With Steve Ballmer, hopefully we can all move on from Sterlings

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On the night of a fascinating Game 5 of the Western Conference Finals, much of the NBA’s twitterverse was wrapped up in talking about the latest developments in the “As the Sterlings Turn” soap opera.

It has been that way all playoffs — Donald and Shelly Sterling with their personal and public drama casting a cold, dark shadow over one of the best playoffs in memory.

The latest twist in the saga is that Shelly Sterling had her husband and long-time Clippers primary owner Donald Sterling declared mentally incapacitated, which under the terms of the trust the couple owns the Clippers through makes her the lone trustee. In that capacity she has reached a deal to sell the Clippers to former Microsoft CEO Steve Ballmer for $2 billion, as confirmed by NBC. The deal has been forwarded on to the league for approval, which may postpone the planned vote by the owners to oust Sterling as an owner.

You’d be foolish to think Donald Sterling is not going to fight all of it — the declaration of incapacity and the sale of his team — dragging this sordid affair out.

That’s likely his next step, Donald Sterling trying to get an injunction to stop the sale of the team while he fights the incapacitated ruling pushed by his wife. If Donald wins that then he will take to the courts to fight the league on the forced sale of the Clippers. Ultimately Sterling will lose — either his wife will win and sell the team, or the NBA will vote to revoke his franchise and when Sterling sues to block that he will find out he has no legal legs to stand on (he has signed multiple documents over the years giving the NBA owners the right to do what they are doing).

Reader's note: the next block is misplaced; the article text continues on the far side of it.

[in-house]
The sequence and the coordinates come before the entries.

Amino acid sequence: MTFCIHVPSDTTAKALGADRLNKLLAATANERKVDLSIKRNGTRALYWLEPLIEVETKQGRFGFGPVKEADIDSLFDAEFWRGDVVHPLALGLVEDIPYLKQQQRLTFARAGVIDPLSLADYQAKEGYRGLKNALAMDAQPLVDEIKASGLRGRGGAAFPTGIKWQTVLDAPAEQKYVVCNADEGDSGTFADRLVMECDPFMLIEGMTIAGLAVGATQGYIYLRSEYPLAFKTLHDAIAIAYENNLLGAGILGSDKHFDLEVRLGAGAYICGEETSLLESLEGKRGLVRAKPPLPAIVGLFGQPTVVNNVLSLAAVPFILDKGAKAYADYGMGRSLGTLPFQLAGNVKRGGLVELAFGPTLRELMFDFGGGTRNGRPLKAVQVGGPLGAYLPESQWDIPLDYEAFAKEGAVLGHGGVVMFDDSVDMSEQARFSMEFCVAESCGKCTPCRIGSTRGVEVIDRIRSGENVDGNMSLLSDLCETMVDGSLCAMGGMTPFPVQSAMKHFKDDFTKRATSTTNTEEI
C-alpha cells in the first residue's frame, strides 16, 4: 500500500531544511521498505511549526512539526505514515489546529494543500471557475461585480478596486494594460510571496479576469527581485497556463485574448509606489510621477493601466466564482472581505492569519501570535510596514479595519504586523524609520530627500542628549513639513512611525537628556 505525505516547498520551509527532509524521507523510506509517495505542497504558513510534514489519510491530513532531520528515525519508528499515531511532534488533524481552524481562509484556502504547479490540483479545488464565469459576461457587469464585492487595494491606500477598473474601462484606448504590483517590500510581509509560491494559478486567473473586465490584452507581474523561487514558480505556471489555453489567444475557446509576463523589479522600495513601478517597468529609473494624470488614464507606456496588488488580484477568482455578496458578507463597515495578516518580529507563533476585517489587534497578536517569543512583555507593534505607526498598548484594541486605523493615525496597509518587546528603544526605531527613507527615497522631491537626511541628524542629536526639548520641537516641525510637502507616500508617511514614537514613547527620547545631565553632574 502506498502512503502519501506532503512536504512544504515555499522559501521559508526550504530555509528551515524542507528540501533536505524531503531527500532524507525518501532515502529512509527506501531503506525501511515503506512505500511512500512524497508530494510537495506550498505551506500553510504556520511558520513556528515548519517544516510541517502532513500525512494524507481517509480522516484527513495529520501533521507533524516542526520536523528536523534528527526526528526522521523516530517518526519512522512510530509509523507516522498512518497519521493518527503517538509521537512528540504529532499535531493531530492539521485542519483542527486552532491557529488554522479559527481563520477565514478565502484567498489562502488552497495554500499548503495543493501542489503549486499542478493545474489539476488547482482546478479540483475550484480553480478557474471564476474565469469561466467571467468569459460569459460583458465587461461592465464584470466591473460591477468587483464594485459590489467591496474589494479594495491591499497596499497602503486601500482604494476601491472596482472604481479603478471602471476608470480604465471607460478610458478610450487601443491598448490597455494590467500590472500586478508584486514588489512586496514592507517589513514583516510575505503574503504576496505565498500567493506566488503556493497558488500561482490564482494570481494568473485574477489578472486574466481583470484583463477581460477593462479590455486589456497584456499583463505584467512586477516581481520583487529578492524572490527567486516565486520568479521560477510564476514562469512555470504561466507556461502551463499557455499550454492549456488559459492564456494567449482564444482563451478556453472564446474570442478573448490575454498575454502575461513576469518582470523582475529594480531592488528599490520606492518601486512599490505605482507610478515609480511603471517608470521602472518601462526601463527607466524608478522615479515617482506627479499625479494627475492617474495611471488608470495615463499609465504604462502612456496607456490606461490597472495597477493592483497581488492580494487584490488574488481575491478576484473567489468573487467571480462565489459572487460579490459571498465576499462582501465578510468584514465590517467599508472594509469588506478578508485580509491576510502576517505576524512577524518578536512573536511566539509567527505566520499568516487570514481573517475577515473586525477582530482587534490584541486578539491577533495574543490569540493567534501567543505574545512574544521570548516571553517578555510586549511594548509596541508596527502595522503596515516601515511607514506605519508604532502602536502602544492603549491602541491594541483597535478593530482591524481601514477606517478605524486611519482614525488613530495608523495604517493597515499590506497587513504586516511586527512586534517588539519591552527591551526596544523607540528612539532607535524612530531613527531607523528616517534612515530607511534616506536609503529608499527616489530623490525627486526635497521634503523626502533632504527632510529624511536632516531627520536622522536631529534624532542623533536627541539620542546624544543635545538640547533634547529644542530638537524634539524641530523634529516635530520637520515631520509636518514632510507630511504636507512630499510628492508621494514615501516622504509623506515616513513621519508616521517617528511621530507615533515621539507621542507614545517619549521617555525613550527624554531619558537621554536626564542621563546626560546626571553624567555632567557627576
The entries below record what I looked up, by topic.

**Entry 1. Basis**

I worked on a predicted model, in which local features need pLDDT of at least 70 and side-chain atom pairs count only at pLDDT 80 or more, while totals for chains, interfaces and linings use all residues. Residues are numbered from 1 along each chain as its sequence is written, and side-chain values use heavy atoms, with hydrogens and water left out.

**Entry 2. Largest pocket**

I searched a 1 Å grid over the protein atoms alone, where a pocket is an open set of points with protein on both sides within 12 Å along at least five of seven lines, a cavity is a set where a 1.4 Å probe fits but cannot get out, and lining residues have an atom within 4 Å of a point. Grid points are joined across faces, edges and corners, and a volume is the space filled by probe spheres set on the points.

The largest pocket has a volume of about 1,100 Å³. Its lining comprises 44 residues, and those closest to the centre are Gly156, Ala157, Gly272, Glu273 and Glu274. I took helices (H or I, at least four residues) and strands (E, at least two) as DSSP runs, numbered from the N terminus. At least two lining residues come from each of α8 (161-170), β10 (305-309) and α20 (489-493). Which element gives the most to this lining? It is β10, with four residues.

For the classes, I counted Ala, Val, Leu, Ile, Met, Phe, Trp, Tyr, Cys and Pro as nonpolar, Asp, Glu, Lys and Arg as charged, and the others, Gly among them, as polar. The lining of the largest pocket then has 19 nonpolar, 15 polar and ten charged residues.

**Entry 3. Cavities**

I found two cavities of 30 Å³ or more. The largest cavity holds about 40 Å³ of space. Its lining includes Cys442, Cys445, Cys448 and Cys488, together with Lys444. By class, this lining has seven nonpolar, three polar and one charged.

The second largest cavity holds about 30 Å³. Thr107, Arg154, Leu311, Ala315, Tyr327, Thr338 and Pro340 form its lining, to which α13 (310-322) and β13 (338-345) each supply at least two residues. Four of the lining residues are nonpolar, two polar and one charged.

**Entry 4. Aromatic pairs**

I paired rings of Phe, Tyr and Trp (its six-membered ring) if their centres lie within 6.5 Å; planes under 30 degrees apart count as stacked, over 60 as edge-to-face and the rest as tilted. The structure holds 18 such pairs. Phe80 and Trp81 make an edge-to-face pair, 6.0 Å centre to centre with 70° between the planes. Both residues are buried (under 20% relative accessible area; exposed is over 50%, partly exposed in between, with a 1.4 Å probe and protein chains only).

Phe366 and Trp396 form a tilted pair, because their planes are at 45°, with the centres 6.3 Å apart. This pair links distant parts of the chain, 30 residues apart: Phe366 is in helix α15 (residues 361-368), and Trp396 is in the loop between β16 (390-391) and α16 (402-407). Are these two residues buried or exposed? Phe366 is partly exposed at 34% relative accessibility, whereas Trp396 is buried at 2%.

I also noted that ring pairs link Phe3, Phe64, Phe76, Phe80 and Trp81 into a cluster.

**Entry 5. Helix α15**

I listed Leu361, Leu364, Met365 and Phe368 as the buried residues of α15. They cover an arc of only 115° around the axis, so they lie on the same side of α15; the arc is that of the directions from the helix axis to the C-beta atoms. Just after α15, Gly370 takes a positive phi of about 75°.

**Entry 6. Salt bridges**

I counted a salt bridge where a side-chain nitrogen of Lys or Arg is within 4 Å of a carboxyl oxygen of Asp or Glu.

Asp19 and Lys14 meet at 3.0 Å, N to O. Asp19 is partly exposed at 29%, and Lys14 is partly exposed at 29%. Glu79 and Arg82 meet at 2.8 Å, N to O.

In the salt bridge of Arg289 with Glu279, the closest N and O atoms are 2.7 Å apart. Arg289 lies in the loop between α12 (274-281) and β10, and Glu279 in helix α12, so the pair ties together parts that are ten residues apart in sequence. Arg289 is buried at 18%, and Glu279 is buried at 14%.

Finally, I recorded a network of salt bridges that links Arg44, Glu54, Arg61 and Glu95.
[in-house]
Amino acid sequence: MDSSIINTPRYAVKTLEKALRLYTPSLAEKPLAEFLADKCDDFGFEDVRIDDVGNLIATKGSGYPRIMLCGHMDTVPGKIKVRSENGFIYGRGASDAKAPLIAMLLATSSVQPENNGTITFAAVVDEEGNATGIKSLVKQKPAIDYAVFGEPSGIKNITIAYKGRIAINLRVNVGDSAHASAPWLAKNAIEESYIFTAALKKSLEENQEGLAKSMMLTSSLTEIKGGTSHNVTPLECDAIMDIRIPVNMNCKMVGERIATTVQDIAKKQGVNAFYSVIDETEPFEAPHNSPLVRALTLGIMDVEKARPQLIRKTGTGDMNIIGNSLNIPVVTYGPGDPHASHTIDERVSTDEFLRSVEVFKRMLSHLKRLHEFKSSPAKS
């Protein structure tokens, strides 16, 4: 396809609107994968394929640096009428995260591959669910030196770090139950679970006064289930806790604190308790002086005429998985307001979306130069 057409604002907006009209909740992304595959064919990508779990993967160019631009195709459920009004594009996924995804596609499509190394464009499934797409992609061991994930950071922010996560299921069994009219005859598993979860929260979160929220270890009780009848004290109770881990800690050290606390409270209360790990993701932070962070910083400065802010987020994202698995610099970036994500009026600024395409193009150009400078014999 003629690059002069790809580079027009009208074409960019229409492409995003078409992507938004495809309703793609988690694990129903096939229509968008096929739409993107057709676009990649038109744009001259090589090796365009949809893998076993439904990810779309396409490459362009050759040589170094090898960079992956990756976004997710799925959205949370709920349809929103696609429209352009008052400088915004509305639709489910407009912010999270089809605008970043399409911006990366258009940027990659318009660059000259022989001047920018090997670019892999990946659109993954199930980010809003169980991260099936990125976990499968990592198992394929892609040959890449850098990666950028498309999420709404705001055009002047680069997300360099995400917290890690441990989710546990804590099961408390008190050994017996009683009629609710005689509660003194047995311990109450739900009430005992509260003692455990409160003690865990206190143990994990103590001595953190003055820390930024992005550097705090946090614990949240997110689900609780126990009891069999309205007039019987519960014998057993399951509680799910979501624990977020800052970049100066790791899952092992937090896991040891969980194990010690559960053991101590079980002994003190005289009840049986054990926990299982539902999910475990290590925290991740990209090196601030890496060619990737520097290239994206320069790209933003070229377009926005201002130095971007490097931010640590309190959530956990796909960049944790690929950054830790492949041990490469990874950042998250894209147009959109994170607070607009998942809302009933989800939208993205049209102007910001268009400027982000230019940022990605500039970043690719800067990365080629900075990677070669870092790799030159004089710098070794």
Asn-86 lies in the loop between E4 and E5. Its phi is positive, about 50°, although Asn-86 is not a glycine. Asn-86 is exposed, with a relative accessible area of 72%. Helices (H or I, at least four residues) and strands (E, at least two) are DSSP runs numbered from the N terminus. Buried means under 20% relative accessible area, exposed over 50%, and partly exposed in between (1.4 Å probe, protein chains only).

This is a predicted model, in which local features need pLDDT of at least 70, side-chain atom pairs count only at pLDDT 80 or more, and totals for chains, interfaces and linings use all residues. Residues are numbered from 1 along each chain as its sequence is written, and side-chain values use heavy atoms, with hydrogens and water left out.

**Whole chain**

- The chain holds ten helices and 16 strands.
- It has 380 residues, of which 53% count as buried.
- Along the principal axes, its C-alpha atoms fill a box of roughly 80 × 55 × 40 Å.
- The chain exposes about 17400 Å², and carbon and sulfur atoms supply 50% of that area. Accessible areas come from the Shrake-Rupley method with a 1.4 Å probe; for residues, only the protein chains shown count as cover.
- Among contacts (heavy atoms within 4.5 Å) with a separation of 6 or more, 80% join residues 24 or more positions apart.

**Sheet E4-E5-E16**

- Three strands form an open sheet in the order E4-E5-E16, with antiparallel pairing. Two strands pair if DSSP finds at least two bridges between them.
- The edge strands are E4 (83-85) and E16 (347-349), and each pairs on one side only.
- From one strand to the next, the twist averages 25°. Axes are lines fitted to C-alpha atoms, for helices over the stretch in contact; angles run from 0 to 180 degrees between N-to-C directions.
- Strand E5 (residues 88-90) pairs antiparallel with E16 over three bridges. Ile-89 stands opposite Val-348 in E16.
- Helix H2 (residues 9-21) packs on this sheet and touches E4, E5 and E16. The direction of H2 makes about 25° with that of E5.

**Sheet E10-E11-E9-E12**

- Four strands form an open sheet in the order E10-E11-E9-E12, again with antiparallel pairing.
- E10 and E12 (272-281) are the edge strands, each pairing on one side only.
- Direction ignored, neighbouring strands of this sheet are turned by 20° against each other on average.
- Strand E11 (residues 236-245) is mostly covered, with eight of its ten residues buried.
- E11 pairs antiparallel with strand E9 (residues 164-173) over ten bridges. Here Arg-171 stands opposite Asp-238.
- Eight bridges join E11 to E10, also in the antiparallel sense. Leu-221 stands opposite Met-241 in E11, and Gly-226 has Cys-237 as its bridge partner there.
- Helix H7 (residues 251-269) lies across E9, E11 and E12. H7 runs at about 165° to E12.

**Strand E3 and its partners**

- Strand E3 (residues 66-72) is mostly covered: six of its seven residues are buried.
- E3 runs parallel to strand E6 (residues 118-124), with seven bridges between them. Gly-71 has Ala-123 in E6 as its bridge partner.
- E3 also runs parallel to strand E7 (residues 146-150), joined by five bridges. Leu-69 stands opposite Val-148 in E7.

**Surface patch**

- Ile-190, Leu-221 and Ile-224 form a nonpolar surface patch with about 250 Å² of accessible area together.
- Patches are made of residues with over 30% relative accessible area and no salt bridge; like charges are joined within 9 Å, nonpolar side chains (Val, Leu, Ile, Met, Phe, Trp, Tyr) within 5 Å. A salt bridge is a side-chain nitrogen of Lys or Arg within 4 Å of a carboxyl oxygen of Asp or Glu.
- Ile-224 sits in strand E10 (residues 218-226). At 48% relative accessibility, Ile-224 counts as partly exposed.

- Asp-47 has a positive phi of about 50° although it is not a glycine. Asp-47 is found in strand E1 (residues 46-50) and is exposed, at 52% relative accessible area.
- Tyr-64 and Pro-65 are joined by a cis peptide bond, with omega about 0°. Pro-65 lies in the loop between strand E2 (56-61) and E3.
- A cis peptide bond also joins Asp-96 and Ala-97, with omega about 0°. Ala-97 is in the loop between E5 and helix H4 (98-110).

The question is not how it ends, but how ugly and long the road is to get there.

What Steve Ballmer and his agreement to buy the team brings hope.

Hope that this might all come to an end quickly and cleanly and we can all move on.

Hope for Clippers fans that suffered through three decades of Sterling being the worst owner in professional sports, barely spending on his team. Even as things had turned in recent years his past, his erratic behavior was like the Sword of Damocles hanging over the franchise and the good people who worked for the Clippers. Those people lived with never knowing when the owners odd, racist behaviors might strike.

Hope for the Clippers players that a new owner would build upon the changes the franchise has seen in recent years (trading for Chris Paul, spending on Doc Rivers). This was one of the four best teams in the NBA this season, a team on the cusp of winning it all, the right ownership could sustain and build that.

Hope for the league that its worst and most embarrassing owner would be replaced by a guy with the potential (and pocketbook) to be a great owner. At least Pete Carroll thinks so.